Entertainment
109 voters

Main Characters In Children's Movies Who Absolutely Deserve To Be Grounded

Updated February 20, 2020 681 votes 109 voters 3.9k views13 items

List RulesVote up the young men and young ladies who need to take some time and think about what they've done.

Some characters in movies seem to get away with everything, even if they're just kids who should be reprimanded and taught the difference between right and wrong. Maybe it's just rewatching these films at an older age, but these kids get away with the type of rude, destructive, dangerous, and even downright criminal behavior that in real life would - at the very least - get them grounded for many, many weeks. Whether it's done with the best intentions or not, running away, trashing the house, or simply acting out is not okay. 

Vote up of which of the following characters' behavior should get them grounded.

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  • Sam Shakusky is an intelligent, introverted 12-year-old orphan who lives with his foster family, the Billingsleys, but they have a difficult time with his acting out. He even commits acts of arson while sleepwalking. Suzy Bishop, meanwhile, is an intelligent, introverted 12-year-old whose parents' marriage is falling apart. Like Sam, Suzy displays some troubled behavior, such as swiping library books.

    The two are romantic pen pals who make a secret plan to run away together. When they're tracked and found by members of the nearby summer camp Sam is supposed to be attending, they fight back in a very physical way - hurting one scout with scissors and hitting the camp dog with an arrow. Running away is ground-worthy enough, but actual violence needs some serious repercussions. While the Billingsleys are out of the picture, hopefully Sam's new foster parents can whip him into shape.

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    • 6

      Max ('Where the Wild Things Are')

      Max is an 8-year-old with an active imagination who fights with his sister for ruining the fort he made in the snow. He also seems to throw tantrums whenever he feels like he's being ignored, like when his mother doesn't come to see the fort he has built in his room. When his mother gets angry at him for his behavior, he bites her on the shoulder and then runs away from home.

      He ends up sailing a boat across to an island inhabited by a bunch of unruly monster-like creatures known as the "Wild Things." One of the creatures, Carol, throws destructive tantrums similar to Max's, and he gets to see firsthand what his behavior must look like to his mom. While that is probably great self-reflecton, he still needs to be punished for lashing out physically. 

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      • 7

        Henry Carpenter ('The Book of Henry') 

        Henry Carpenter is an 11-year-old child genius whose success in the stock market provides financial support for his single mother and younger brother. However, he is also a condescending, overly precocious kid who thinks he knows it all.

        He's also protective of people he cares for and his genius can allow him to think up intricate plans to help them. Henry speaks to the authorities about his neighbor potentially being inappropriately touched by her stepfather - who happens to be police commissioner - but he's ultimately ignored. In order to protect her, he contrives an elaborate plan to eliminate her stepfather before he can touch her again. Henry succumbs to a brain tumor before he can carry out his plan, but he leaves behind a notebook and audio tape that his mother finds to do the deed for him. Instead of handling it like a responsible adult, she almost follows through with his scheme. Seems like they both need a bit of a timeout.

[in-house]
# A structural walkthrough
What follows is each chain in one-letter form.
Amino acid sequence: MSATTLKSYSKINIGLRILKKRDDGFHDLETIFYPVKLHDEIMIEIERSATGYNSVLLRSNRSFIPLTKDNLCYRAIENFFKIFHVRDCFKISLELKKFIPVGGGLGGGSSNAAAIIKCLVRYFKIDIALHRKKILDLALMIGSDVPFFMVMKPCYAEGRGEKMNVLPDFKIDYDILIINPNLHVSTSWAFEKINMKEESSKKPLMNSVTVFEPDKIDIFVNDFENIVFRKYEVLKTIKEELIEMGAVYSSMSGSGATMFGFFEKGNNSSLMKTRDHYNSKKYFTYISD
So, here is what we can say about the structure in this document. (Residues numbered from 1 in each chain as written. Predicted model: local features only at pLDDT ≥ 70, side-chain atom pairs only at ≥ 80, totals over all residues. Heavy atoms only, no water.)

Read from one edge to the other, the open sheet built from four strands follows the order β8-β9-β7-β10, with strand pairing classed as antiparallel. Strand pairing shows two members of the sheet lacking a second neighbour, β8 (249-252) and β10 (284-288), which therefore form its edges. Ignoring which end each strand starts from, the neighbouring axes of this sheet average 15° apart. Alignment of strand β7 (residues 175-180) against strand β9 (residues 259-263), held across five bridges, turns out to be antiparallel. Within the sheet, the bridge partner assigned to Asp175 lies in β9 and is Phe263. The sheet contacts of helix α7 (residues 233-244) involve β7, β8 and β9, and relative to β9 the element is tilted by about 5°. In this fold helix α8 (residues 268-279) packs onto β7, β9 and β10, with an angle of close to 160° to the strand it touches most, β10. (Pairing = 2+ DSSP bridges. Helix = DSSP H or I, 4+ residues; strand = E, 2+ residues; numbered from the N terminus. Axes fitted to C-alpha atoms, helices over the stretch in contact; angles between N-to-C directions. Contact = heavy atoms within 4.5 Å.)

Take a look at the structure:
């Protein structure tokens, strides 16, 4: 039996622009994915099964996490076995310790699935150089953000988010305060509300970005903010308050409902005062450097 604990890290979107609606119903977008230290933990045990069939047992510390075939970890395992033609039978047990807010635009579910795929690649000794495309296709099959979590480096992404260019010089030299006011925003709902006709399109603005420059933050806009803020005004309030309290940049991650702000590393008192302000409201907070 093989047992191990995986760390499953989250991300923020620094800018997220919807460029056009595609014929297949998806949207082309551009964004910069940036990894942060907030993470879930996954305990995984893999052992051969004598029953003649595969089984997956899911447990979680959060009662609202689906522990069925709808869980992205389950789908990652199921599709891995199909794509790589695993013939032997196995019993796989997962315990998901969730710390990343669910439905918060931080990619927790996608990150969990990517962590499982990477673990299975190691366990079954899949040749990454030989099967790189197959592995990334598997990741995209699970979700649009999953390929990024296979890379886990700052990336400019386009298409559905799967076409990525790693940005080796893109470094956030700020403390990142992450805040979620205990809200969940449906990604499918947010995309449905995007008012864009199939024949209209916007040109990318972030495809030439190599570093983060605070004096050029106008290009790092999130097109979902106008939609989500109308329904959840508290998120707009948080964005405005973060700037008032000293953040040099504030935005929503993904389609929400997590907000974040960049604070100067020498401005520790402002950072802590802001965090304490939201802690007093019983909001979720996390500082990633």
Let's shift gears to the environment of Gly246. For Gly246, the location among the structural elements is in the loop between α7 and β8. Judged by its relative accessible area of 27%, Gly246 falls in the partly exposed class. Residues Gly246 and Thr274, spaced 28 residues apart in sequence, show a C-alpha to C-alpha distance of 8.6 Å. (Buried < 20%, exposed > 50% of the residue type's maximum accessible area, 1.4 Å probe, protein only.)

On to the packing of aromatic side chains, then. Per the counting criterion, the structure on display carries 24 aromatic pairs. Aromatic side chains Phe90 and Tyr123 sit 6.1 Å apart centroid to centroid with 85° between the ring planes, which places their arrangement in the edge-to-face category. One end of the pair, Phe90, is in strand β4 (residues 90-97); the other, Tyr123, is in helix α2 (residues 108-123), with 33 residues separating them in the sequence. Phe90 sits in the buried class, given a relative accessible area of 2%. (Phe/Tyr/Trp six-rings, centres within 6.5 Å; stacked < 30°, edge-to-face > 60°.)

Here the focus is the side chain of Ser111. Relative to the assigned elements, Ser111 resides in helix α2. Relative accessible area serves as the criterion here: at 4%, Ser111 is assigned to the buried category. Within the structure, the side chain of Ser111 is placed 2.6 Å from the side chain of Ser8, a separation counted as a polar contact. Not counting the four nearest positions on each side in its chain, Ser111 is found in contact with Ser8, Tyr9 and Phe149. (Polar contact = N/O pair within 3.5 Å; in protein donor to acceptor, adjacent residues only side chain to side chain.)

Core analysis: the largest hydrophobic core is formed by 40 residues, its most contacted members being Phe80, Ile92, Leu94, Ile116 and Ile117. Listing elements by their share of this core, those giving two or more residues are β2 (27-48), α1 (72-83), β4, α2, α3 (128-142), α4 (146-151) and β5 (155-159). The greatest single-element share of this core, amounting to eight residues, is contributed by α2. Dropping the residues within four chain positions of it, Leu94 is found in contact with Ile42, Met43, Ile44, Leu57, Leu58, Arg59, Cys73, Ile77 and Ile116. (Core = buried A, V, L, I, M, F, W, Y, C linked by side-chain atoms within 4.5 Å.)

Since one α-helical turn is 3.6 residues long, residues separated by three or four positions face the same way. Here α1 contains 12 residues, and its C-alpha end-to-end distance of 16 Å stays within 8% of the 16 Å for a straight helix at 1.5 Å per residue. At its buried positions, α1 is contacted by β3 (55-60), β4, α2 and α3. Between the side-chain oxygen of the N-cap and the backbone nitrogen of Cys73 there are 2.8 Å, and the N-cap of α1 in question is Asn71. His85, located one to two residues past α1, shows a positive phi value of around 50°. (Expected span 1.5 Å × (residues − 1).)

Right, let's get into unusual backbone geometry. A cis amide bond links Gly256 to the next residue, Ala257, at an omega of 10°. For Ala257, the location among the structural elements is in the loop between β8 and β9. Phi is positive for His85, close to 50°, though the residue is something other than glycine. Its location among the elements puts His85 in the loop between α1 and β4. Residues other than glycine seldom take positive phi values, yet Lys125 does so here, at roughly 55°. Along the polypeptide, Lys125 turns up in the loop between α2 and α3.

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        • Eight-year-old Kevin McCallister is the youngest boy in his family and is constantly getting into trouble and being picked on by his older siblings. He sees himself as more of a victim than a troublemaker, which leads to some lashing out that just isn't acceptable. The night before the family is to leave for a Christmas vacation, he gets into a trivial fight with his brother Buzz over pizza that results in Kevin being sent to the attic as punishment. Angry at being punished, Kevin tells his mother he wishes his family would disappear. As luck would have it, they do disappear - briefly - and he is elated. When else would he get to jump on the beds and go through his brother's stash of Playboy magazines?

          While his parents are gone, though, Kevin realizes he needs supplies - mainly food - and he trashes his brother Buzz's room looking for money to buy groceries. Ironically enough, he ends up accidentally shoplifting from the market anyway. He also goes to extreme lengths to keep two thieves from breaking into his house by setting up elaborate and dangerous booby traps that cause multiple injuries and could have resulted in much worse. Regardless of his reasoning, Kevin needs a serious attitude adjustment, but maybe his parents should find another punishment rather than sending him to the attic next time.

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